“So the question is—how big a mess must be made before political change can happen?” said Pope. “How many storms will we go through? A lot of climate scientists thought that Sandy would do it. That that would change the public opinion, that would change the politics, once you saw the magnitude of that storm and the huge amount of money that it took to clean up after it.

“Now we're five years later, and we’ve got an even bigger storm and a much bigger clean-up bill than Sandy in Houston alone. You just have to ask the question—is this enough now, that we can actually start doing something about it?”

There are reasons to be optimistic. In an interview with the Houston Chronicle, Harris County Judge Ed Emmett said “all options were on the table” to improve flood control post-Harvey. “You got to say, ‘We’re in a new normal so how are we going to react to it?’ That means a lot of projects,” Emmett told the Chronicle.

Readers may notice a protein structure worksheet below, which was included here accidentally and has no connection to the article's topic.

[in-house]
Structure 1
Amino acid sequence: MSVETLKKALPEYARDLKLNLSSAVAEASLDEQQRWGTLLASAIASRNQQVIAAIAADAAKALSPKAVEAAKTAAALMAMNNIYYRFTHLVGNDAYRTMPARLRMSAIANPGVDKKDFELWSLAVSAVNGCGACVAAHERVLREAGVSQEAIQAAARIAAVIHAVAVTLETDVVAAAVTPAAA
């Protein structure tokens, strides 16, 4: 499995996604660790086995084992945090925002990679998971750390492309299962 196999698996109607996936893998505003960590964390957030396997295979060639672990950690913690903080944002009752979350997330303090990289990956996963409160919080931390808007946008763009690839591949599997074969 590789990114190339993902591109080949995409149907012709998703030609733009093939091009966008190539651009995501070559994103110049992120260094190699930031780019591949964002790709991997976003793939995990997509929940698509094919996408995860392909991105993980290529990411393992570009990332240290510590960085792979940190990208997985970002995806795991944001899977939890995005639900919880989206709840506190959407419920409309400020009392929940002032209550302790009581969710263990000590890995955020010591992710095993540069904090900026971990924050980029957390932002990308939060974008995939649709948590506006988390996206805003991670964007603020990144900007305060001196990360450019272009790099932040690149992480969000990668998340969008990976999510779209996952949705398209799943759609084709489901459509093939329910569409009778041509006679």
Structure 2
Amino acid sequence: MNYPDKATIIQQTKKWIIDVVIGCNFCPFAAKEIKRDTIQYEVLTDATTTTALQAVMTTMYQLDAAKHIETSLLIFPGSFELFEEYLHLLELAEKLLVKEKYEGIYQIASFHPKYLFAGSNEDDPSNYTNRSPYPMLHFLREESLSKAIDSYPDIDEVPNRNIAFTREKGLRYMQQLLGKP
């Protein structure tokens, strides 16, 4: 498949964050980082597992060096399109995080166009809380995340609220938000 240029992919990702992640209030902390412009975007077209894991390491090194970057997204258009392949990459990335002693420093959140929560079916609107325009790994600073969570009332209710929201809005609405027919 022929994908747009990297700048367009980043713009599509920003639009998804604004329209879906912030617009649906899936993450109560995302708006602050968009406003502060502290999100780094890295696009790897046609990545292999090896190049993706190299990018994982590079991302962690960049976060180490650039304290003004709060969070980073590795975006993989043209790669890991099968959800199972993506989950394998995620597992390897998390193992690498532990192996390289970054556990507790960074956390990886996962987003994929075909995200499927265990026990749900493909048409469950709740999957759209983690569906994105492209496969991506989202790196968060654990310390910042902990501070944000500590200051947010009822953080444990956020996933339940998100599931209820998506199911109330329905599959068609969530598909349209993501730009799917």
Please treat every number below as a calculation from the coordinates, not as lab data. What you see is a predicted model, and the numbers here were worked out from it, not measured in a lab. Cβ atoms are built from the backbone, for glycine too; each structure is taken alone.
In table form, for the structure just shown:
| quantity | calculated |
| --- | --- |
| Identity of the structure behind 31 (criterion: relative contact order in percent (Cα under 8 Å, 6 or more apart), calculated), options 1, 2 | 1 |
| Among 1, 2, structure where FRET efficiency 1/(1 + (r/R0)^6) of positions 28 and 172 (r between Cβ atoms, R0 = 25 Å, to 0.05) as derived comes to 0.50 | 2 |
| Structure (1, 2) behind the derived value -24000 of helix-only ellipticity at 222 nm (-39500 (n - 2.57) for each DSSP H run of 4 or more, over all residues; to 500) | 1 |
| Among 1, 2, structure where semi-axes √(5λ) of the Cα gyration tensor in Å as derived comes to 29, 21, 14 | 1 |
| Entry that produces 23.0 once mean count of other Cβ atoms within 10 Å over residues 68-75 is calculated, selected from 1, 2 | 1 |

Pope consoles himself by thinking about how quickly public opinion has changed in other situations is U.S. history, such as opposition to the Vietnam War and support for gay marriage.

“We've seen public opinion push politics, where public opinion has turned very quickly and where politics has followed,” he said. “I think we can look forward to that kind of change. Or at least that’s what I say to cheer myself up. We’ll recognize that this has happened before and that at some point we will change because it is built into the climate now. It’s just, how much grief are we gonna save ourselves?”

Editor: Sara Polsky